Hacked customer accounts are a bane of modern existence. LivingSocial might have been the latest major hack victim, but by now, most people with any kind of online life know what to do when notified by a vendor, bank, or e-commerce site that “unauthorized access to some customer data” has occurred: reset your passwords, check your bank accounts, monitor your credit report, perhaps freeze your credit or cancel your credit cards.
But what if hackers access your DNA? There’s no resetting that code.
As more individuals jump on the genome sequencing bandwagon (23andMe alone aims for 1 million customers by year’s end) the day of unauthorized DNA access is coming. University of California, Berkeley, computational biologist Steven Brenner writes in today’s issue of Nature: “It seems inevitable that there will be a major leak of genome information in the near future. Individual scientists, institutions and funders should consider now how they will react when this happens.”
Consumers might want to think about it too.
As Brenner notes, DNA sequence data are stored in secure databanks, but often “disseminated to various institutions that have inconsistent security and privacy standards.” Identifying information is stripped from such data, but Whitehead Institute researcher Yaniv Erlich showed earlier this year how elusive anonymity really is. He and colleagues revealed in Science that they were able to use free, public data online to match donors’ names and even home addresses to their anonymized DNA.
In practice, just as your health records are only as private as the HIPPA-respecting staffers in your doctor’s office, Brenner says DNA “data protection often comes down to individual scientists.”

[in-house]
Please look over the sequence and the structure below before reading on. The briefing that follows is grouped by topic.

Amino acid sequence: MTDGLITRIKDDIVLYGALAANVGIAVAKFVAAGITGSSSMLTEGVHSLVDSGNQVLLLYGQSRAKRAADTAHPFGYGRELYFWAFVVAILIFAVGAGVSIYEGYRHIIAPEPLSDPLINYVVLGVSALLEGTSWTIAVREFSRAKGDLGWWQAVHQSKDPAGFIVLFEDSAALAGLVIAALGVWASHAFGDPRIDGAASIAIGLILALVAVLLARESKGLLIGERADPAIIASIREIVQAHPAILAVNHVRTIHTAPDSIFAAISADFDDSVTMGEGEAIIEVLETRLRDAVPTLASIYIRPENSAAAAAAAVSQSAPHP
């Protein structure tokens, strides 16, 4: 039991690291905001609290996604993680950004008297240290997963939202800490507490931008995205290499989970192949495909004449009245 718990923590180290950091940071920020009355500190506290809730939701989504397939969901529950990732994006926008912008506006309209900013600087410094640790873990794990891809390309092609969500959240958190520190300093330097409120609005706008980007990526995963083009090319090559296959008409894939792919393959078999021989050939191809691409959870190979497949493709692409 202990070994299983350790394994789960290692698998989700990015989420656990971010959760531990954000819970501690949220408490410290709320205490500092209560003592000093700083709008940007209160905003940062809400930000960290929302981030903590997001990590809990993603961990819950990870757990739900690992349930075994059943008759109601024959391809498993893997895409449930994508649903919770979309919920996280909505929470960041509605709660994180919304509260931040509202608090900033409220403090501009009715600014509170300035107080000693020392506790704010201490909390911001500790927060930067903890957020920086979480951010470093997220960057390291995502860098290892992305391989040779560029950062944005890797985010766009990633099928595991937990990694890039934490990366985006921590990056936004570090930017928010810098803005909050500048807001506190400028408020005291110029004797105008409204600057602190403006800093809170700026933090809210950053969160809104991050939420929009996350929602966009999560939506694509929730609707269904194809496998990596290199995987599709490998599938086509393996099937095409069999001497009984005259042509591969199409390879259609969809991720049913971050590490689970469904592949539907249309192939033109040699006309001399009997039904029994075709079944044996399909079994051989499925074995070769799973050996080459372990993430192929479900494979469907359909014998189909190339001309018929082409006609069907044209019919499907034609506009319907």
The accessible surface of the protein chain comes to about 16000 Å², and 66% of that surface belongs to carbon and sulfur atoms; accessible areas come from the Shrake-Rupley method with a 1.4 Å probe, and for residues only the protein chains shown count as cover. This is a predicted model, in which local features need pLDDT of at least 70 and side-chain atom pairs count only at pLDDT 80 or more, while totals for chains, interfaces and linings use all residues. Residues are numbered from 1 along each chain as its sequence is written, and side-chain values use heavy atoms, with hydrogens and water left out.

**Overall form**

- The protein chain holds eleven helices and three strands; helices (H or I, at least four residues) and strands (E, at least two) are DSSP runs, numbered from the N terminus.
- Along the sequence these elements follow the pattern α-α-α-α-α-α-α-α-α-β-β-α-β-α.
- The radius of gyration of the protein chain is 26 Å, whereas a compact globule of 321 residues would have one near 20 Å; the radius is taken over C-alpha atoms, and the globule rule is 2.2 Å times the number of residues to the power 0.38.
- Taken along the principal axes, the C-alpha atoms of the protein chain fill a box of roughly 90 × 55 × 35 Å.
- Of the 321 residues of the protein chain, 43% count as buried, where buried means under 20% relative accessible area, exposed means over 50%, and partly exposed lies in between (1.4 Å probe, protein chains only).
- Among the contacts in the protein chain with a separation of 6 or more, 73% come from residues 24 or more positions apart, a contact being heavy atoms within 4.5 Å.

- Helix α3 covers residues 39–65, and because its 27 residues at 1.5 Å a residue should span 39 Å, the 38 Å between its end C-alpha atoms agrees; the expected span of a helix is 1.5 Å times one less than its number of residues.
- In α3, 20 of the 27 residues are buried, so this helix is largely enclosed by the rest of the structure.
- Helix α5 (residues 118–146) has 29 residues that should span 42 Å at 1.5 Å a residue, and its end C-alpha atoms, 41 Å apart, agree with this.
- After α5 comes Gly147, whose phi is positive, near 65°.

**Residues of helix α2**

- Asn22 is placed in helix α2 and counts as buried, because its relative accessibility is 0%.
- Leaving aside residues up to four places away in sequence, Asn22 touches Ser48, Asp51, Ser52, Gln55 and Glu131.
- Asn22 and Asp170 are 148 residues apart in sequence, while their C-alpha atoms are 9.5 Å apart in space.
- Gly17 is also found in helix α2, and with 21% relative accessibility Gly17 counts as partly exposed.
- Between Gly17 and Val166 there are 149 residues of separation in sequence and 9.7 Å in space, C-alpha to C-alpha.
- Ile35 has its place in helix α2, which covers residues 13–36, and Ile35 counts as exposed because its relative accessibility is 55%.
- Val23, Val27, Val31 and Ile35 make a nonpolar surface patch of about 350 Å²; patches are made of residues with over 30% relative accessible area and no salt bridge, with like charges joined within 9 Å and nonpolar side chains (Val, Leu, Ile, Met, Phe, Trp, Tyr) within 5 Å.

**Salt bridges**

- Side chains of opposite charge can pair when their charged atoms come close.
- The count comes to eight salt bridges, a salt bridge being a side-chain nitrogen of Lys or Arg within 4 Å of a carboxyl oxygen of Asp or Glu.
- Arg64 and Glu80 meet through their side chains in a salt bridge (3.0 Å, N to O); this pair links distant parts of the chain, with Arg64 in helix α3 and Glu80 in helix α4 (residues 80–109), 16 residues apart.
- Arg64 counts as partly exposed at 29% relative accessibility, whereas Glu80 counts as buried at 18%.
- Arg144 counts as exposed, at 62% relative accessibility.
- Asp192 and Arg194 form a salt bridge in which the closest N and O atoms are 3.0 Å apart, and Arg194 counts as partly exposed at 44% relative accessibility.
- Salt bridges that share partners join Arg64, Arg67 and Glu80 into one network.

Under the headline “Be prepared for the big genome leak,” Brenner suggests that a breach would be the doing of an “idealistic and technically literate researcher” …”in the name of open science.” But there’s no reason to think hackers with more nefarious goals, or no goals at all, couldn’t beat the idealists to the punch.
To be sure, some propose genomic information is best made public and freely available anyway. The nonprofit Personal Genome Project recruits “volunteers who are willing to share their genome sequence and many types of personal information with the research community and the general public, so that together we will be better able to advance our understanding of genetic and environmental contributions to human traits.” But as the project leaders point out, “the public nature of the PGP means that this study is not suitable for everyone.”
Since guaranteeing the security of genomic data seems as unachievable as preventing theft of social security numbers, Brenner’s larger concern is that “a genome leak might lead to a backlash” that threatens medical progress.
He urges funders to “develop rapid mechanisms for notifying study participants, governments and the media when breaches occur and provide informed guidance about scope and probable consequences for those affected. This would require recontacting research participants to warn those whose data were leaked and, implicitly, to calm others whose data remain secure.”
Sounds a lot like the procedure LivingSocial followed in April to notify 50 million customers its security had been compromised.